|Directed by||Lew Landers|
|Written by||Norman Houston|
|Based on||To the Last Man by Zane Grey|
|Produced by||Herman Schlom|
|Starring|| Tim Holt |
|Edited by||Philip Martin|
|Music by||Paul Sawtell|
|Distributed by||RKO Radio Pictures|
|June 1, 1947|
Thunder Mountain is a 1947 American Western film directed by Lew Landers and starring Tim Holt and Martha Hyer. It was the first of Holt's 29 post war Western star vehiclesand the first in a series of Zane Grey adaptations he made for RKO. It was also the first film of his written by Norman Houston who would go on to write 19 more for the star.
The film began production as To the Last Man but the studio had trouble clearing the title because of a proposed Liberty Films project called The Last Man, so they used the title of the 1935 Zane Grey novel.
A cowboy fights against crooks trying to control his land.
Filming began in October 1946.
The film was made for a relatively high budget for a B Western. This was partly responsible for it making a profit of only $17,000.
George Randolph Scott was an American film actor whose career spanned the years from 1928 to 1962. As a leading man for all but the first three years of his cinematic career, Scott appeared in a variety of genres, including social dramas, crime dramas, comedies, musicals, adventure tales, war films, and a few horror and fantasy films. However, his most enduring image is that of the tall-in-the-saddle Western hero. Out of his more than 100 film appearances over 60 were in Westerns. According to editor Edward Boscombe, "...Of all the major stars whose name was associated with the Western, Scott [was] most closely identified with it."
Harold Brent Wallis was an American film producer. He is best known for producing Casablanca (1942), The Adventures of Robin Hood (1938), and True Grit (1969), along with many other major films for Warner Bros. featuring such film stars as Humphrey Bogart, John Wayne, Bette Davis, Elvis Presley, and Errol Flynn. As a producer, he received 19 nominations for the Academy Award for Best Picture.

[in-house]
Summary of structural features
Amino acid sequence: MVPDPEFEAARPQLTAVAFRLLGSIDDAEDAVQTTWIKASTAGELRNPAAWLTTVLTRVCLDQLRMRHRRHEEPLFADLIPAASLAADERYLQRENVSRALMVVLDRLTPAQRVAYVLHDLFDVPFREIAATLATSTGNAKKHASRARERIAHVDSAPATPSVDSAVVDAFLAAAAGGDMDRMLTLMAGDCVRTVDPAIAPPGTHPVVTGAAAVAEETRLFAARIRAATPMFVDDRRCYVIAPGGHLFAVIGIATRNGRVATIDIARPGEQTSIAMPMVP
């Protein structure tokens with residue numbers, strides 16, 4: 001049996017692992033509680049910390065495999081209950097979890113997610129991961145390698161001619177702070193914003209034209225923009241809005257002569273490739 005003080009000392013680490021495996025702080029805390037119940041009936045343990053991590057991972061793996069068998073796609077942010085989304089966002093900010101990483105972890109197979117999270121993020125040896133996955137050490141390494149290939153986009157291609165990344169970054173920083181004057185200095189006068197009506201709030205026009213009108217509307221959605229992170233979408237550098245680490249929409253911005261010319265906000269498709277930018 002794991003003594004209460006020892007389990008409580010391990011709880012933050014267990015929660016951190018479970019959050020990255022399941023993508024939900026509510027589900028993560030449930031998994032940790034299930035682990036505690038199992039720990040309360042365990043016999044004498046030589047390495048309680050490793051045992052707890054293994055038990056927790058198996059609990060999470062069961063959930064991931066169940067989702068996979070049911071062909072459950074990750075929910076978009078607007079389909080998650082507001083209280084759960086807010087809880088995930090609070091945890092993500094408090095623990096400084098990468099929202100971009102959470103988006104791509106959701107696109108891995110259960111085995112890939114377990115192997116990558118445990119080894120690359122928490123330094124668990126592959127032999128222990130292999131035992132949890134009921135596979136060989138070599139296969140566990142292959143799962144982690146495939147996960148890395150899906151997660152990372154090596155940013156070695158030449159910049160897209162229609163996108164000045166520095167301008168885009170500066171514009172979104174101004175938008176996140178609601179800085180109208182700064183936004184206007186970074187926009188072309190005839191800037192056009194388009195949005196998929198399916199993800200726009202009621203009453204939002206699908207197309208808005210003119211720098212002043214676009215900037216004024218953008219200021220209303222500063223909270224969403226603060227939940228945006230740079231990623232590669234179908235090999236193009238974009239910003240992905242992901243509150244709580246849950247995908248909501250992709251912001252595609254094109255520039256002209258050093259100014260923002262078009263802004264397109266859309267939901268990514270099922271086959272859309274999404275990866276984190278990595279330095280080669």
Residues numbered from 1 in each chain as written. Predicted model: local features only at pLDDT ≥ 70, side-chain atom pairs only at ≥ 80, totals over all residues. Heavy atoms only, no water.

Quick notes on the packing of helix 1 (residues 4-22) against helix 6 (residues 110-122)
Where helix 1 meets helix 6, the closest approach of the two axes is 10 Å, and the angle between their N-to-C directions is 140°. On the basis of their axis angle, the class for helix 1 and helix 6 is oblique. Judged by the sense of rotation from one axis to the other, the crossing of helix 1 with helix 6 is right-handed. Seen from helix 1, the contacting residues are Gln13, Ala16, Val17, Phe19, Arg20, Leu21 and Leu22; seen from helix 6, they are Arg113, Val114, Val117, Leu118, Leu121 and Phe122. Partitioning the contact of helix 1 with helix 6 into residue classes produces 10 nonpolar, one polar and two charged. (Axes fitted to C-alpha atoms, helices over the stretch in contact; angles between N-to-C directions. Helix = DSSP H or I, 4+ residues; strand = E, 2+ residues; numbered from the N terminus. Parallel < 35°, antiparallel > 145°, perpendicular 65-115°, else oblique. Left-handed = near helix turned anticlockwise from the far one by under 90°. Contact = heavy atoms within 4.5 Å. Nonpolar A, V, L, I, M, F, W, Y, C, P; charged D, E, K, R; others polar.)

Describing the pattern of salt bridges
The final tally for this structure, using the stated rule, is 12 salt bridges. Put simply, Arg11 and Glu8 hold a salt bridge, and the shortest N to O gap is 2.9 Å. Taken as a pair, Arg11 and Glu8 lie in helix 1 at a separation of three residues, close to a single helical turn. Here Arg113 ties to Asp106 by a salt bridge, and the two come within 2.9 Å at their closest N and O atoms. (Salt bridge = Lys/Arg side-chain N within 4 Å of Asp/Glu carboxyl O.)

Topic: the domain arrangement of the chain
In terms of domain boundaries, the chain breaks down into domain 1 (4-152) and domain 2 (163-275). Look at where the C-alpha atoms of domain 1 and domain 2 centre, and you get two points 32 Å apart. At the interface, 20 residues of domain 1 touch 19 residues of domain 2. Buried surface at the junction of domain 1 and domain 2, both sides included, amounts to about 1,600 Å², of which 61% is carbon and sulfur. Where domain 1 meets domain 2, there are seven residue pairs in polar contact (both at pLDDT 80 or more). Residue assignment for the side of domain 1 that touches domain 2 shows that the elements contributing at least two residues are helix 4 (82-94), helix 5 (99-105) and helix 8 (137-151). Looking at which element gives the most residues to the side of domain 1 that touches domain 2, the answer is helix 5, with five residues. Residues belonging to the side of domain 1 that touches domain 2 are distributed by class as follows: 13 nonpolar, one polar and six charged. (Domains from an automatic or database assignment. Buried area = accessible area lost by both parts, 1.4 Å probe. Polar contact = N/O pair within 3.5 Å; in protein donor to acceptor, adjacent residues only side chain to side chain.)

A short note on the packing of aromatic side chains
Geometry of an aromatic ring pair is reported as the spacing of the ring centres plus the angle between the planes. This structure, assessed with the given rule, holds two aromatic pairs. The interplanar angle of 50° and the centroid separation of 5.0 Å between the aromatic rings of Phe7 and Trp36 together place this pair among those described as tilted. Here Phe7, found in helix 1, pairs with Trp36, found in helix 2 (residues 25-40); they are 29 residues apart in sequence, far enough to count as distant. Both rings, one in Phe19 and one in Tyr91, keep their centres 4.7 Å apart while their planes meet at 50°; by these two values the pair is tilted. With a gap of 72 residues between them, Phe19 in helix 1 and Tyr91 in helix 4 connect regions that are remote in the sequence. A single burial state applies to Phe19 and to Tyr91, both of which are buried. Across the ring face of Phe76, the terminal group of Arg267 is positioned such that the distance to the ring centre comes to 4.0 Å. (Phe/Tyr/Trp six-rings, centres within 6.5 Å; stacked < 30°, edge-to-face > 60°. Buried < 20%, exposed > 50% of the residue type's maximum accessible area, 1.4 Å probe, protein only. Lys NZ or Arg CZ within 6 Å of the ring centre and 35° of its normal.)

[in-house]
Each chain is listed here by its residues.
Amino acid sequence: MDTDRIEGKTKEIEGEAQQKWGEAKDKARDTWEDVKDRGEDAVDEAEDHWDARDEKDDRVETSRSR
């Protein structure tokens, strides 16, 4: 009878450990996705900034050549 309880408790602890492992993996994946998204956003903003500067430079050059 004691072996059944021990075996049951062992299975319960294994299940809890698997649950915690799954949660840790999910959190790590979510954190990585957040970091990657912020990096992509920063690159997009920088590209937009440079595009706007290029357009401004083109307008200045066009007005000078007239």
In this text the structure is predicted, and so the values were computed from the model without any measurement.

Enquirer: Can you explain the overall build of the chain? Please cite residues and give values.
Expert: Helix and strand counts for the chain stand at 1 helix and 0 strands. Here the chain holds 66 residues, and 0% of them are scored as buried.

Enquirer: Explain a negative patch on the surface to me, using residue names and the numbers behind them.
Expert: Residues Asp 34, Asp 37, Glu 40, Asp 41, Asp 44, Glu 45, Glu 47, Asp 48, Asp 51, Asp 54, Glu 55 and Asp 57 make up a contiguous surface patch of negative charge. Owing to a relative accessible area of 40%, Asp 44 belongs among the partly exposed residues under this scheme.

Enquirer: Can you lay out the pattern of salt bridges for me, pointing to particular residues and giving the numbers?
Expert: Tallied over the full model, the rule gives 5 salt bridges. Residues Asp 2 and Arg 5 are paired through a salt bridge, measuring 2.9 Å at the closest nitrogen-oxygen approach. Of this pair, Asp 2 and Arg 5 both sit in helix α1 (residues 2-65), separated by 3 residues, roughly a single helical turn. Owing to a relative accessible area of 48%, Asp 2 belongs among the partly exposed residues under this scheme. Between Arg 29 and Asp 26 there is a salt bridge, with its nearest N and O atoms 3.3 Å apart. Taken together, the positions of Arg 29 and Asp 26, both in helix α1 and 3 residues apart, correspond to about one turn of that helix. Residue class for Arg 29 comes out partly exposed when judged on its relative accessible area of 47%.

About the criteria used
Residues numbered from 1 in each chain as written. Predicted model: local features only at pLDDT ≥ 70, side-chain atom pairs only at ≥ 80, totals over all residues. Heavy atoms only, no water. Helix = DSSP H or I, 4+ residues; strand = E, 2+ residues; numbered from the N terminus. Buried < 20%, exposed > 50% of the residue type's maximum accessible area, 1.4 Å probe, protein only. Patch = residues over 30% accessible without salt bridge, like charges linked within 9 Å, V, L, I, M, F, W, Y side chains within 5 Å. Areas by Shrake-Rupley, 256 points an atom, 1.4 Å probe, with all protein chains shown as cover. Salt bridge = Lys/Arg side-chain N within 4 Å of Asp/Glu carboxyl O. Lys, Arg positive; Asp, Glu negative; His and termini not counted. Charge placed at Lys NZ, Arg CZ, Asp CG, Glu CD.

Martha Hyer was an American actress who played Gwen French in Some Came Running (1958), for which she was nominated for the Academy Award for Best Supporting Actress. Her autobiography, Finding My Way: A Hollywood Memoir, was published in 1990.
Charles John "Tim" Holt III was an American actor. He was a popular Western star during the 1940s and early 1950s, appearing in forty-six B westerns released by RKO Pictures.
Steve Brodie was an American stage, film, and television actor from El Dorado in Butler County in south central Kansas. He reportedly adopted his screen name in memory of Steve Brodie, a daredevil who claimed to have jumped from the Brooklyn Bridge in 1886 and survived.
Jason Nelson Robards was an American stage and screen actor, and the father of Oscar-winning actor Jason Robards Jr. Robards appeared in many films, initially as a leading man, then in character roles and occasional bit parts. Most of his final roles were in television.
Herman Schlom (1904–1983) was a film producer who first received film credit as an assistant director for Dracula in 1931. He worked primarily for Republic Pictures then RKO Pictures. Some of Schlom's notable films, as a producer, include the crime thrillers The Devil Thumbs a Ride (1947), Born to Kill (1947), Dick Tracy Meets Gruesome (1947) and Follow Me Quietly (1949).
James Warren was an American film actor and artist.
William A. Berke was an American film director, film producer, actor and screenwriter. He wrote, directed, and/or produced some 200 films over a three-decade career.